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...This could be a very stupid question... but should I have the forks upside down or right side up while hitting it? Am I trying to loosen something and getting it to fall up or down is my question...
Hold the fork tube upright, upper tube in one hand, wield mallet in downward direction with the other. :)
 

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Discussion Starter · #8 ·
Did you fix it?
No :[

Sadly I didn't get a chance to try today due to work, and I work all day tom too. I'll update y'all on Monday! Thanks again for all the suggestions.

I'm gonna try Rich's idea of just hammering it down before stripping it all back down.
 

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You shouldn't have to force anything together other than the sliding bearing and inner seal. I would disassemble the forks and reassemble while consulting a parts fiche like ronayers.com.

Also, when you're hammering in the sliding bearing and inner seal, I found that it works a little better to do them one at a time, bearing first, obviously. The reason is that most of the resistance met in the process is due to the sliding bearing and by sandwiching the seal, you put it under a lot of pressure and can risk marring it.
 

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Discussion Starter · #11 ·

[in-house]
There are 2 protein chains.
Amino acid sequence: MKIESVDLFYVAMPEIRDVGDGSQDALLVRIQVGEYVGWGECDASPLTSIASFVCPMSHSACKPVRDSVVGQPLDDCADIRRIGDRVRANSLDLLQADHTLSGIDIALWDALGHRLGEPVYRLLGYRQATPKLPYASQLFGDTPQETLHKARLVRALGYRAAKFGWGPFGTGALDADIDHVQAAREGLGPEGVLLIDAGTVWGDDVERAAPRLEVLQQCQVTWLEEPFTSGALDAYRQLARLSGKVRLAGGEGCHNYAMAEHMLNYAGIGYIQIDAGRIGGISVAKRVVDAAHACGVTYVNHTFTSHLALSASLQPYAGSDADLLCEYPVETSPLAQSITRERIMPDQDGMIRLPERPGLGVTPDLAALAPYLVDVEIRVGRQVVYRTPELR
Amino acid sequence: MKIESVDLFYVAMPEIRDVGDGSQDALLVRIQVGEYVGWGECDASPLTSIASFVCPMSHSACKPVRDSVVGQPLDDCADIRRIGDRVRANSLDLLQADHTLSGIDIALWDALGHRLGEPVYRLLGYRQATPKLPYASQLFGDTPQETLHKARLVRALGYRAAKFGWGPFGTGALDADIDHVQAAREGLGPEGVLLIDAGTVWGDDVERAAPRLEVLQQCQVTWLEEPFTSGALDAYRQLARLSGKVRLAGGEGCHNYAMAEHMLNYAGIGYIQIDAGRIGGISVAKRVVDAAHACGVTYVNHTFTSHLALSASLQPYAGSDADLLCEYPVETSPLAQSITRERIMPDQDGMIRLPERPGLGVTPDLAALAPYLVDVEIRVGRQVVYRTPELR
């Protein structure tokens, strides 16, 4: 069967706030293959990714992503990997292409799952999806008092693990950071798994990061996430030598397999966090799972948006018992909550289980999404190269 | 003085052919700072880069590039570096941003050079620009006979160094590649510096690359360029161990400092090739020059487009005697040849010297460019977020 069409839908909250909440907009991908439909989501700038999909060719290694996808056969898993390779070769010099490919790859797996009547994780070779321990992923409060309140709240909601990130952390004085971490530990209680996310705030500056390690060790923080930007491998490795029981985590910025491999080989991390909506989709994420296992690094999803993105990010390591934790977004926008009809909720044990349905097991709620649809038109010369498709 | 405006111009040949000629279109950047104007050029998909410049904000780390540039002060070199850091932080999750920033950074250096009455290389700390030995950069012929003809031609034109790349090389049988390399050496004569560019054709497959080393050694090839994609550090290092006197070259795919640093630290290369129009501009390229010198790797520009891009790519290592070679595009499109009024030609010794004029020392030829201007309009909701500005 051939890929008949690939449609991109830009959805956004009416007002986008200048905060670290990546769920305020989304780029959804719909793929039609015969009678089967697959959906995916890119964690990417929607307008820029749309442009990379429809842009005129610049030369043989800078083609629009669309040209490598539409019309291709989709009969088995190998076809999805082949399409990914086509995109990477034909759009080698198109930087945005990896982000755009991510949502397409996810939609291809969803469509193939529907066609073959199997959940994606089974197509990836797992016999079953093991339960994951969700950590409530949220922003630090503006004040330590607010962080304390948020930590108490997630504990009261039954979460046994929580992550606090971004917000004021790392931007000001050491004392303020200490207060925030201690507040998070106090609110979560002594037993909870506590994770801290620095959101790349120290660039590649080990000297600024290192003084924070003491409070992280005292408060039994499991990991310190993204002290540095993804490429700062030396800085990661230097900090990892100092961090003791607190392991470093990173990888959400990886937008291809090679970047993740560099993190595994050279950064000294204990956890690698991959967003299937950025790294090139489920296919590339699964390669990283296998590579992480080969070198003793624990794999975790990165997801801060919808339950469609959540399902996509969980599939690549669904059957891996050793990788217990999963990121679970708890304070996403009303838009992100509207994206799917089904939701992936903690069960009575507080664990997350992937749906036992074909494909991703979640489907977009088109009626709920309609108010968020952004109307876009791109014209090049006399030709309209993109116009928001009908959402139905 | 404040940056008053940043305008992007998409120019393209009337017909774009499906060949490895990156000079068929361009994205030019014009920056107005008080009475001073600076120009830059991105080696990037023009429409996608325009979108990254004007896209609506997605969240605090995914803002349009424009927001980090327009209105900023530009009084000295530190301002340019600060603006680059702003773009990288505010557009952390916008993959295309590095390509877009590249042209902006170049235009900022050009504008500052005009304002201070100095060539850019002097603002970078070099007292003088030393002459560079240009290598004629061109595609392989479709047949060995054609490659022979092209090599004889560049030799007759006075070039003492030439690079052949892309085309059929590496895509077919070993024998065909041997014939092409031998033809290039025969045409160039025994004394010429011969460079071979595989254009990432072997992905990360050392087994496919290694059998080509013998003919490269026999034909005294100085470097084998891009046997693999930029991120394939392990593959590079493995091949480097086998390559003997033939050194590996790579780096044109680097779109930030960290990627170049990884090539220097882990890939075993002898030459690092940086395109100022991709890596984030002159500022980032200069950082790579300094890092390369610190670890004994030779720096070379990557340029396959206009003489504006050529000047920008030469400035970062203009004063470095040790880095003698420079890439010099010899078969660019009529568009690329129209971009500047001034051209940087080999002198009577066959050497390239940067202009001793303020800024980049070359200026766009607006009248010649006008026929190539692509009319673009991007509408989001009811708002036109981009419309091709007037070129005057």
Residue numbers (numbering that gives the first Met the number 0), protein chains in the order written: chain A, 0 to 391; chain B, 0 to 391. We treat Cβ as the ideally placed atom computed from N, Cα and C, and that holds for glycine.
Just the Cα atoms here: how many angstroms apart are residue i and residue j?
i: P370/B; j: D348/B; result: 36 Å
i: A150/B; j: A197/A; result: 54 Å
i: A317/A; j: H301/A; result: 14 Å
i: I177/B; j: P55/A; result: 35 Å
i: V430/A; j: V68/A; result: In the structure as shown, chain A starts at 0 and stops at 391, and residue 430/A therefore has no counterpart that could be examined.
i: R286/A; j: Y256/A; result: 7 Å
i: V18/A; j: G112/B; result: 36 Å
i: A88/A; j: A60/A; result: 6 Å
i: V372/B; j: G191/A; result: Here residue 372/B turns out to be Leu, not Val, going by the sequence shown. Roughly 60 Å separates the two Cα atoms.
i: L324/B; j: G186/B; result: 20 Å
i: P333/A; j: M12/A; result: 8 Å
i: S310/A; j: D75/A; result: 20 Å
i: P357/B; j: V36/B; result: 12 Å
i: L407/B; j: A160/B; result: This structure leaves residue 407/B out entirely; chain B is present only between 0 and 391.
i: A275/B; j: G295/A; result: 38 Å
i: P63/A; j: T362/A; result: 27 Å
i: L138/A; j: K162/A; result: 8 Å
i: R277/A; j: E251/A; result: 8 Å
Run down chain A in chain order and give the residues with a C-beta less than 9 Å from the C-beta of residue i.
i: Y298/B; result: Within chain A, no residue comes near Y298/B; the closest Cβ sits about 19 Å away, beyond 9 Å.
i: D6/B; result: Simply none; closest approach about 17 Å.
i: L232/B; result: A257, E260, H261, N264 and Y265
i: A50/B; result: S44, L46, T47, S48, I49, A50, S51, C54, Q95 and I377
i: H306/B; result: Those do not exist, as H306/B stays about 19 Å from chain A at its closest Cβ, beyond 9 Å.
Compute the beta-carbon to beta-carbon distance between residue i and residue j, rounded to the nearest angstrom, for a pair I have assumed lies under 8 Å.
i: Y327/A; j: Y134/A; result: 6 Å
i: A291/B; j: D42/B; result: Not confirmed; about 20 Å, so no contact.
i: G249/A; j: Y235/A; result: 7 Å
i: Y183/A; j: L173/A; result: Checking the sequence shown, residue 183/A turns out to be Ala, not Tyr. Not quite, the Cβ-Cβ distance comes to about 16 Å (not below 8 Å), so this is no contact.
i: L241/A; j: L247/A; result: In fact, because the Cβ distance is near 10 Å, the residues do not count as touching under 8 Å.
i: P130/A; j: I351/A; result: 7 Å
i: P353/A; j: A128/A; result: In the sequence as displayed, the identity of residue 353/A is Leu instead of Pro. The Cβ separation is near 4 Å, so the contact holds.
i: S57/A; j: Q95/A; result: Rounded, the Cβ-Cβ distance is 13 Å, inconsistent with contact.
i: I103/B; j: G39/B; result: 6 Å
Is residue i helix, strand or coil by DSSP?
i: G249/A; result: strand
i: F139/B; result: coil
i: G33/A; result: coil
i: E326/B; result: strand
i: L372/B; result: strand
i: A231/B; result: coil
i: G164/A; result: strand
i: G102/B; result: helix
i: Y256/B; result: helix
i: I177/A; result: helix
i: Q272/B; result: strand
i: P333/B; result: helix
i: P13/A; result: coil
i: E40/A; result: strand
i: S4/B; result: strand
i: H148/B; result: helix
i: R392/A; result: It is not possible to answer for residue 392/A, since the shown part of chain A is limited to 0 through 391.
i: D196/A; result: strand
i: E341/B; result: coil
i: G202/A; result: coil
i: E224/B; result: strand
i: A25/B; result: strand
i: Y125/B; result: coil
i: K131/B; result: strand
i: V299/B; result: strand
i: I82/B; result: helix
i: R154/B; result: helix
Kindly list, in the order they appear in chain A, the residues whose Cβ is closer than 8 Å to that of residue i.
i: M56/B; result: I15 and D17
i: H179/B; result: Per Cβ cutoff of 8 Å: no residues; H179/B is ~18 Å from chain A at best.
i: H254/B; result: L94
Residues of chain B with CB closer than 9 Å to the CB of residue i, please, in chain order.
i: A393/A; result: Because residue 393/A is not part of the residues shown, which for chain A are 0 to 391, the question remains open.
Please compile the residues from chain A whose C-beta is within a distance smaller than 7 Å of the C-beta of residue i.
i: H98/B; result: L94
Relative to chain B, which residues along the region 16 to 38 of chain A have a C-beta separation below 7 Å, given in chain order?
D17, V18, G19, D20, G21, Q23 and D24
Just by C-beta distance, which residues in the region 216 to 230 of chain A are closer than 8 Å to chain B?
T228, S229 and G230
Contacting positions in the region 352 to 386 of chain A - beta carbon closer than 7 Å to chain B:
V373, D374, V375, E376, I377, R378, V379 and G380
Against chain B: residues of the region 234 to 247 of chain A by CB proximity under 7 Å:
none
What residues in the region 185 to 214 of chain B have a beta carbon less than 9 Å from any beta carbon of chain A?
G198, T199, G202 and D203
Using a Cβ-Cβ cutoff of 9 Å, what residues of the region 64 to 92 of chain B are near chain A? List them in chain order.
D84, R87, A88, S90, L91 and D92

Hold the fork tube upright, upper tube in one hand, wield mallet in downward direction with the other. :)
Good, that's the right place to start. Do it exactly as Rich described. Remember...heavy RUBBER mallet, caliper mount tabs, good whack.

So with school, work, and life in the way... I finally got a chance to try this.

To my great surprised, it worked! It took a few solid whacks, but it did slip apart. First I was worried I broke it, but hey, seems like all is good. I almost hate myself as to how easy that solution was. :facepalm: Especially after hours of pulling and screwing/ unscrewing the dampening rod bolt.

Moral of the story. Hit it till it works.

Next to the Springs - Just taking the PVC to the workshop to cut it down. I had half a mind to just cut down the stock spacers since they are longer. Any benefit to using that metal instead of the supplied PVC?
 

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So with school, work, and life in the way... I finally got a chance to try this.

To my great surprised, it worked! It took a few solid whacks, but it did slip apart. First I was worried I broke it, but hey, seems like all is good. I almost hate myself as to how easy that solution was. :facepalm: Especially after hours of pulling and screwing/ unscrewing the dampening rod bolt.

Moral of the story. Hit it till it works.

Next to the Springs - Just taking the PVC to the workshop to cut it down. I had half a mind to just cut down the stock spacers since they are longer. Any benefit to using that metal instead of the supplied PVC?
Glad it worked for you. :)

On the spacers, either is fine. Just make sure you follow the directions on determining spacer length. DON'T just make the new total spring/spacer length the same as stock.
 

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This happened to me a while back, and I stumbled across it in a search. I wasted hours trying to figure out how to get them apart without breaking them before I gave in and looked it up. Just one whack to each fork leg with the mallet did it.
 

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this thread just saved me. I'm having the exact same issue as initially described. cant wait to give the mallet trick a shot!! was so frustrated earlier when i couldnt get it to work. thanks so much everyone!!